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New principal wants small school to think big

Written on January 19th, 2012

Scugog Christian School’s new principal is thinking big.

Mike Vanderboor came to the Port Perry elementary school in September and says like many small schools, there is no strategic plan in place.

“Part of my vision coming here is we’re a small school, but let’s start acting like we’re a big school,” says Vanderboor.

“Hopefully through that God will provide more students and we will become what our goal is, to be that big school,” he says.

Scugog Christian School hasn’t had a strategic plan since the late 1990s, says Vanderboor, something that’s common with small schools.

There are currently 48 students at the school.

From January through March a second board meeting has been added, at which Ontario Alliance of Christian Schools director of advancement Ray Hendriks will discuss board governance and vision for the future.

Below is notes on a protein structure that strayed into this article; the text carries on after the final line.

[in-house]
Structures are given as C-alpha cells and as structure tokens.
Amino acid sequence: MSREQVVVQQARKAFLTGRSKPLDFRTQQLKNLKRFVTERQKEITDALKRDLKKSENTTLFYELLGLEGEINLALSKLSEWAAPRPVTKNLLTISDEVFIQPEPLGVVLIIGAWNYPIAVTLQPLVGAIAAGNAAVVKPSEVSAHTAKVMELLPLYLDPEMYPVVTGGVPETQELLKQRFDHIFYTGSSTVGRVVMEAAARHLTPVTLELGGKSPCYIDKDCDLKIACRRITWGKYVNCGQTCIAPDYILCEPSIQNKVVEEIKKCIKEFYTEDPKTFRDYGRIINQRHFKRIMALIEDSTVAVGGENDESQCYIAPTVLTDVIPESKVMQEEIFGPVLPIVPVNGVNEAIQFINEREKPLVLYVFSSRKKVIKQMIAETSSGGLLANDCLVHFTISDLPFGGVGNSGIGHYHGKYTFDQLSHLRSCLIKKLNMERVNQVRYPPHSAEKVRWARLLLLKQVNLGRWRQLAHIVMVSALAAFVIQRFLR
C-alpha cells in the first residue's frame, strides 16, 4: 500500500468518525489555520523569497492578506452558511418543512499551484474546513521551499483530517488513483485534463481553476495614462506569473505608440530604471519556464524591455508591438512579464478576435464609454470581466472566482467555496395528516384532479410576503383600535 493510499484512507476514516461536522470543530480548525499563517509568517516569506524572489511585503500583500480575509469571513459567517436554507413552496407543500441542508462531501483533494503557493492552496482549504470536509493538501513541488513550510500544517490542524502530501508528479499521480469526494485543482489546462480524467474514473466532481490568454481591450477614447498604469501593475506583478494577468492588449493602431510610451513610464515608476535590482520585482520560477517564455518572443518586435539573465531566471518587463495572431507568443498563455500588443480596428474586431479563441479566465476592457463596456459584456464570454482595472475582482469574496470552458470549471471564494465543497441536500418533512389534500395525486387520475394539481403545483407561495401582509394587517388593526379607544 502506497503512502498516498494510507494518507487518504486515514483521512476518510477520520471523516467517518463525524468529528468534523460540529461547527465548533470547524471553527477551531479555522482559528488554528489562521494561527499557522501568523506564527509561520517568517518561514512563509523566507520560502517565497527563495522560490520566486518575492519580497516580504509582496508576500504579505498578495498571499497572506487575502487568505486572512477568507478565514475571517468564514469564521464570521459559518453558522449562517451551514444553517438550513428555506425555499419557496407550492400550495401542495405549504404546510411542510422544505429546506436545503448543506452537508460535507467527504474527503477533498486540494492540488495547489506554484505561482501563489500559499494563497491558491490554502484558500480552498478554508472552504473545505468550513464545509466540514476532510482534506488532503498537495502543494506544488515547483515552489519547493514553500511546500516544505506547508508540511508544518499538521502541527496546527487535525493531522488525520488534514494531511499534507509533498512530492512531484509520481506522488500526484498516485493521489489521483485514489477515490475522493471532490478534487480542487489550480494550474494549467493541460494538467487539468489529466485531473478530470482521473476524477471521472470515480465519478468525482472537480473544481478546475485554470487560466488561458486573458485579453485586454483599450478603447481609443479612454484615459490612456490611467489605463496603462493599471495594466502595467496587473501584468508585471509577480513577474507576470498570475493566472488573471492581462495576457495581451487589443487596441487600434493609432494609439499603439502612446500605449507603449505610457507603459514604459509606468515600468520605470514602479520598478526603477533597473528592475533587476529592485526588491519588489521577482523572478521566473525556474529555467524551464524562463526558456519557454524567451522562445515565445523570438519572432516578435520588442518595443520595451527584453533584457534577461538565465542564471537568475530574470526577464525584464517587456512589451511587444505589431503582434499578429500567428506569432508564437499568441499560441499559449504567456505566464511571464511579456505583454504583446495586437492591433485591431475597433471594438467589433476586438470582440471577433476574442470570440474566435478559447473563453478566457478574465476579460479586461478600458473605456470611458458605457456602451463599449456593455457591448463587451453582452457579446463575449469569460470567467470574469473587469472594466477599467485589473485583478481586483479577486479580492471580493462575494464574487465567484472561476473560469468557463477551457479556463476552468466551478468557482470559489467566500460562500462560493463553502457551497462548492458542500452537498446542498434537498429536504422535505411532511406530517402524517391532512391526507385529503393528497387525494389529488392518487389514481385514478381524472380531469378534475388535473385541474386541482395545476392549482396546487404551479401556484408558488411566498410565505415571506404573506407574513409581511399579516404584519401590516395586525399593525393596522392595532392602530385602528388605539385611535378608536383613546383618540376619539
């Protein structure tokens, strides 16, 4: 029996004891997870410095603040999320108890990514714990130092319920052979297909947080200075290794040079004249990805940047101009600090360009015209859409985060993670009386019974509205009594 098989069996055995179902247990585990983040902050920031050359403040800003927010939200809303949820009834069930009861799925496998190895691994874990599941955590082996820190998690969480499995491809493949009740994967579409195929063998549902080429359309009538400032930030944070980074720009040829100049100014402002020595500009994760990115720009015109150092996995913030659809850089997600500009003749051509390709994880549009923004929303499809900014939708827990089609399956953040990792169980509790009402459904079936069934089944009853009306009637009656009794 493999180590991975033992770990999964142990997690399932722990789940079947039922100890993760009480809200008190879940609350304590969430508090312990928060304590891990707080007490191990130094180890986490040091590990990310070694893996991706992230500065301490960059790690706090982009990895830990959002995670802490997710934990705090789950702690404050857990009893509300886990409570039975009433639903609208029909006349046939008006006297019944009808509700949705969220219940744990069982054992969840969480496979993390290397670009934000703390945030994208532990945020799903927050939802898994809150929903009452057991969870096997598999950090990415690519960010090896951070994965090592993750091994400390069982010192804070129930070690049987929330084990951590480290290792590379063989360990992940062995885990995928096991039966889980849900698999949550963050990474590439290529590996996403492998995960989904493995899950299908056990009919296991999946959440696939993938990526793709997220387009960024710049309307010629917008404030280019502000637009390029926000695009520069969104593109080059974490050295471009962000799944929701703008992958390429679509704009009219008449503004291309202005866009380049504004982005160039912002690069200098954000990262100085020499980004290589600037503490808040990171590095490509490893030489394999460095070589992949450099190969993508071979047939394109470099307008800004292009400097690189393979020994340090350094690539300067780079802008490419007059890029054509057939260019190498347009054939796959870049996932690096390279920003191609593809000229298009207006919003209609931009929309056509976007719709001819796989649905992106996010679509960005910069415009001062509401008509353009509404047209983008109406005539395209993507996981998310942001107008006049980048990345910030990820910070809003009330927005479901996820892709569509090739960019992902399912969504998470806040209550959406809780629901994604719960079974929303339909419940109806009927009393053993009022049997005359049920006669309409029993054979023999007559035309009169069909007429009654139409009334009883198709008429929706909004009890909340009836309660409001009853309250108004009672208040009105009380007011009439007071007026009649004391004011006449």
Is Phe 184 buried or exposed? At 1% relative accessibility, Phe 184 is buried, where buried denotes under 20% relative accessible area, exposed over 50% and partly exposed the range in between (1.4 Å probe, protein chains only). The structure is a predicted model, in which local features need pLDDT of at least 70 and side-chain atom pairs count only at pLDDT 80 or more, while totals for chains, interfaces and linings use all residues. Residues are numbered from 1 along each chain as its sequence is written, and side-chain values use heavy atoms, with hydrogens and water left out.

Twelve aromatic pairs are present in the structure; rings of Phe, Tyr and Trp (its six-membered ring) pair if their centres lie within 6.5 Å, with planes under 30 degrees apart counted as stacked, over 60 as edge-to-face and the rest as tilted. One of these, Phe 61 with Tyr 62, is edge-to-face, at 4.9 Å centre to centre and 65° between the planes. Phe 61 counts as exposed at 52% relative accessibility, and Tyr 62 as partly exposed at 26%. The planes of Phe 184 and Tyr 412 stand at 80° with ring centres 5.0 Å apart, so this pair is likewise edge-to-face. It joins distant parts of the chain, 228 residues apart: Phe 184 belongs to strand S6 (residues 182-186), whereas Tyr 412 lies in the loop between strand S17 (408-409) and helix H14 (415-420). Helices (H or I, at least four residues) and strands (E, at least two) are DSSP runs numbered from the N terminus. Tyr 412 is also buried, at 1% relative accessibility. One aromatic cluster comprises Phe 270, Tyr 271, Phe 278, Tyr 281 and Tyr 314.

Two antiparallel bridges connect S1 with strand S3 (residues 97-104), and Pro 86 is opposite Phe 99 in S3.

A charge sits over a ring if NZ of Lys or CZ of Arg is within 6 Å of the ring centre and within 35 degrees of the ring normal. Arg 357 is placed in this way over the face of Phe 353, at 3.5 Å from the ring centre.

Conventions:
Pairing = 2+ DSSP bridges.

Vanderboor says having that guidance and means “we can develop the school and have a plan for the future rather than the next five minutes.”

The board and others in the school community are excited about it, he says.

“I think people have seen it as a need, but there hasn’t been the time or the push for it,” says Vanderboor.

Before he was hired, with met with the board and staff, and says there was sense that there needed to be some direction for the school.

Vanderboor has set two goals for himself.

His first priority as principal is to build relationships with people, because “without that, I’m not really useful here,” he says.

His second goal is to start to create a vision that will be implemented in his second year as principal to “really grow the school.”

Vanderboor says he and the board will drive governance of Scugog Christian School.

To help with the vision a committee of community members, including teaching staff, alumni and current parents, people who have been part of Christian education for a long time and people new to Christian education, has been struck.

“We have a wide spectrum, even within our board,” says Vanderboor.

“We’re excited to draw a vision from a wide range of people associated with the school,” he says.